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Five decisions will shed light on whether the president is serious about his
pledge to act on global warming in his second term.
Barack Obama has renewed
his promise to act on climate change in his second term in the White House – but
a lot of other issues are competing for his attention.
Before his swearing-in on Monday, here are some decisions to watch to see
whether climate change has made it to the top of the list.
The green dream team of Obama's first administration has almost completely
disbanded. Lisa Jackson, the administrator of the Environmental Protection
Agency (EPA), and Ken Salazar, the interior secretary, announced their
departures this month, and Steven Chu, the energy secretary, is expected to
resign soon. The White House climate and energy adviser, Carol Browner, left in
2010 and that post remains unfilled. Campaigners will be watching to see whether
Obama finally installs a new adviser with a broad mandate in the White House.
They are also hoping to see strong advocates for the environment in the cabinet
– especially at the EPA which has emerged as a prime target of conservative
Obama soon after his re-election promised to start a national conversation about
climate change. He will probably say a few words in his inauguration speech on
Monday and his State of the Union address next month, and that could buoy up
campaigners' hopes for a time. Obama has committed to cutting America's
greenhouse gas emissions 17% by the end of the decade, and 50% by 2050 (from
2005 levels). But the president has yet to devote a major speech to climate, or
use his powers to try to build a national movement for cutting emissions or
preparing for the changed climate of the future. Campaigners will be looking to
see if Obama is willing to invest his own political capital – as he has pledged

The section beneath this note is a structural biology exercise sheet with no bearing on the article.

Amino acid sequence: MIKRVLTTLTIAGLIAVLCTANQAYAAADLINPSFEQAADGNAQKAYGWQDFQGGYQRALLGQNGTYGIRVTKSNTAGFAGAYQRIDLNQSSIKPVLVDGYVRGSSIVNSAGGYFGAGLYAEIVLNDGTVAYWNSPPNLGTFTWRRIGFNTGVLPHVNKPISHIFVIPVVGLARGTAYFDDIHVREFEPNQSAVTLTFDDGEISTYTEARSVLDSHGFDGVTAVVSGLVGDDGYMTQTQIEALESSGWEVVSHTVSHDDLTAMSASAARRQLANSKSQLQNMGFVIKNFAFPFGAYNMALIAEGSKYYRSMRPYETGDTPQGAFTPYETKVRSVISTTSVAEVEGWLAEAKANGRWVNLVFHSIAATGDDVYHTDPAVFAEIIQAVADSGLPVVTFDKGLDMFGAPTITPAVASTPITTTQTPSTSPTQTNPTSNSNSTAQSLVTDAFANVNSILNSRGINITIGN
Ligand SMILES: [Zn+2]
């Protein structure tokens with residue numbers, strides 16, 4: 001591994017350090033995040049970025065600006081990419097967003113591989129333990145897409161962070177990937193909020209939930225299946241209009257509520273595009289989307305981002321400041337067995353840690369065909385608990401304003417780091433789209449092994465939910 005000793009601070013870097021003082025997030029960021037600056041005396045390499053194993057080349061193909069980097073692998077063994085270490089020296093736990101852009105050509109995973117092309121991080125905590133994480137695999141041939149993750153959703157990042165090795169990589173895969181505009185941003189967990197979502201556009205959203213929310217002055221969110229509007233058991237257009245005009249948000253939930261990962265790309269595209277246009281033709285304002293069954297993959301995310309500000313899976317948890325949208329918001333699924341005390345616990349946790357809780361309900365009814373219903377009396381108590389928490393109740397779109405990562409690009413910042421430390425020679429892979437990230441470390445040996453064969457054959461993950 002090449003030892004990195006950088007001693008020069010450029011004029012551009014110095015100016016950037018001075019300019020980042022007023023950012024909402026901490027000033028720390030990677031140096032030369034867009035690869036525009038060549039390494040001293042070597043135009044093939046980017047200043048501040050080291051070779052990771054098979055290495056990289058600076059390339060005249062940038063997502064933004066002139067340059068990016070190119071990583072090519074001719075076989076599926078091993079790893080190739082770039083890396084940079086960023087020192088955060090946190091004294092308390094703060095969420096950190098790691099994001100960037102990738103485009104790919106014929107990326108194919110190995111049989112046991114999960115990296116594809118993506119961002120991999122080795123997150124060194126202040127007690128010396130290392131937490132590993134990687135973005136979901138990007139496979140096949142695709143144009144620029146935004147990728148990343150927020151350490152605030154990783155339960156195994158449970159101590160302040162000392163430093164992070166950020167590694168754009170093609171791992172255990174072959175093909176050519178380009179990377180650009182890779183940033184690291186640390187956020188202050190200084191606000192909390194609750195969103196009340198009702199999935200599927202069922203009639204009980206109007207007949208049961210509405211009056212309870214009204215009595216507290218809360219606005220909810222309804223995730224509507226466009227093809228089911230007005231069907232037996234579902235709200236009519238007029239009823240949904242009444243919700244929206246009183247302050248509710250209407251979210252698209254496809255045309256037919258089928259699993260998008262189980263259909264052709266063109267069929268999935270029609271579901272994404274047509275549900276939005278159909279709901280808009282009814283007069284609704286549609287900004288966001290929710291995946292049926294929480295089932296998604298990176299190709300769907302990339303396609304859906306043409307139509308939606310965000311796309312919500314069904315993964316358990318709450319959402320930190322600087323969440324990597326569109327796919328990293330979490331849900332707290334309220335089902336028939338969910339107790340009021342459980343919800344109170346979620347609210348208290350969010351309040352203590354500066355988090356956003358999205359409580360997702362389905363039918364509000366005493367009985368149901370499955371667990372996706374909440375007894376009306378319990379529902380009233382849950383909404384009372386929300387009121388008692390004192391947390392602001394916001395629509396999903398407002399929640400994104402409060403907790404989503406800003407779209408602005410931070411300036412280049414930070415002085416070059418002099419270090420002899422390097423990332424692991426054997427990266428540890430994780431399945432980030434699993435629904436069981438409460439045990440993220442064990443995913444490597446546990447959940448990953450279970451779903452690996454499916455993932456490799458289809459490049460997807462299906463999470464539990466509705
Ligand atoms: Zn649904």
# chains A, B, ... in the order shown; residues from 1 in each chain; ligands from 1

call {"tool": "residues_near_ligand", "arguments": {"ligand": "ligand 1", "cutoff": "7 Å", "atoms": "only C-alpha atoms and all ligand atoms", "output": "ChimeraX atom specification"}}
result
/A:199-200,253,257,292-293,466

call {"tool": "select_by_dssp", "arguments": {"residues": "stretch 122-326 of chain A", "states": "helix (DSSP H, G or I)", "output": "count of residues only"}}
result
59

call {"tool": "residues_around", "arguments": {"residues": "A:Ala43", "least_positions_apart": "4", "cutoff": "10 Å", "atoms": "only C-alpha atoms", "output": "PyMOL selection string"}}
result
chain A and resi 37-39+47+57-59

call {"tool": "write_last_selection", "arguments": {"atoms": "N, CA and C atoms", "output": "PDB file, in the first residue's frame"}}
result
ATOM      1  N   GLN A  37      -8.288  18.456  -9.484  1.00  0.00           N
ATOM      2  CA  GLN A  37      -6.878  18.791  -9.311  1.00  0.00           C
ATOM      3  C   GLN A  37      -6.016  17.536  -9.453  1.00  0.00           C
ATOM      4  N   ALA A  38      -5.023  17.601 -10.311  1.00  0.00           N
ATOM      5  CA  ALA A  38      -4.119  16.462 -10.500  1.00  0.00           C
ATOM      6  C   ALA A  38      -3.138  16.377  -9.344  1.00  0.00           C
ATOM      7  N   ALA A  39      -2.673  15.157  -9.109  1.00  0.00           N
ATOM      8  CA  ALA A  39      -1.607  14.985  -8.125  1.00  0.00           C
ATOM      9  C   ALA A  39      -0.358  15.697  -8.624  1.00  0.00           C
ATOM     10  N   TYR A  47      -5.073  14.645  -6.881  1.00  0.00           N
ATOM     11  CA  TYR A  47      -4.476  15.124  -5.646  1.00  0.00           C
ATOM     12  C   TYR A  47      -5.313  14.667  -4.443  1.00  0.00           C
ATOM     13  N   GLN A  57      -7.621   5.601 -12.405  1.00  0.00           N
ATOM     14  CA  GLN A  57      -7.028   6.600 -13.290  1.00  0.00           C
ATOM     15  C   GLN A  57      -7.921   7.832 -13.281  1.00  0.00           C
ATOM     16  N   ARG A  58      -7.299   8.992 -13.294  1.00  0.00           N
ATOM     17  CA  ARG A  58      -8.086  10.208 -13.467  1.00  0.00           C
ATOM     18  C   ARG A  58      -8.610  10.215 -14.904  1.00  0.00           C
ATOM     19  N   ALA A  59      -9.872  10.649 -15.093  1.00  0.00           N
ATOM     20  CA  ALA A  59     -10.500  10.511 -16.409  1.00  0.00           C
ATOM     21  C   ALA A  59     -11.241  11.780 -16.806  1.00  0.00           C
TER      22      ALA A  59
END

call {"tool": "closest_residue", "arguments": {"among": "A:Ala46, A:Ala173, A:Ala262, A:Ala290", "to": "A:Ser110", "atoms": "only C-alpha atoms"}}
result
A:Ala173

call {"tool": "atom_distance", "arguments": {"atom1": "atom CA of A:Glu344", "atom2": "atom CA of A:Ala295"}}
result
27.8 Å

to do on gun control – in getting that conversation, and movement, started.
Use his Powers
Congress failed to pass a climate law, but Obama can still take important steps
to reduce the emissions that cause climate change. Campaigners are pushing the
EPA to introduce new standards on existing power plants, which account for 40%
of America's emissions.
The EPA during Obama's first term set new rules that, the coal industry claims,
will make it virtually impossible to build any new coal-fired plants. But
campaigners say Obama needs to take the next step and begin cleaning up or
phasing out existing, older generation coal-fired power plants.
Obama put off a decision about the Keystone XL pipeline until after the
election, but now he is running out of time. Campaigners, the oil industry and
the Canadian government are pushing for a decision soon. The project would
transport close to 1m barrels of crude oil a day from the Alberta tar sands to
refineries on the Texas Gulf coast, and its supporters say it would create jobs
and boost the economy. It would also unlock the vast store of carbon of
landlocked Alberta. Obama has indicated he favours the pipeline, fast-tracking
construction of the southern portion. Campaigners are still holding out hope he
will hold off on final approval. Obama's decision – and how he frames that
decision in terms of jobs v the environment – should be revealing.
Obama opened up the Arctic for offshore exploration as part of his "all of the
above" energy strategy. But a series of mishaps and near-misses by Shell in its
first season of drilling caused Salazar and some of his closest advisers to have
second thoughts about drilling for oil in the harsh Arctic environment. Shell's
drilling plans, including its safety and environmental preparations, are now
under a 60-day high-level review. Campaigners say Obama has an opening to impose
much stronger safeguards, or even suspend drilling, in the pristine environment.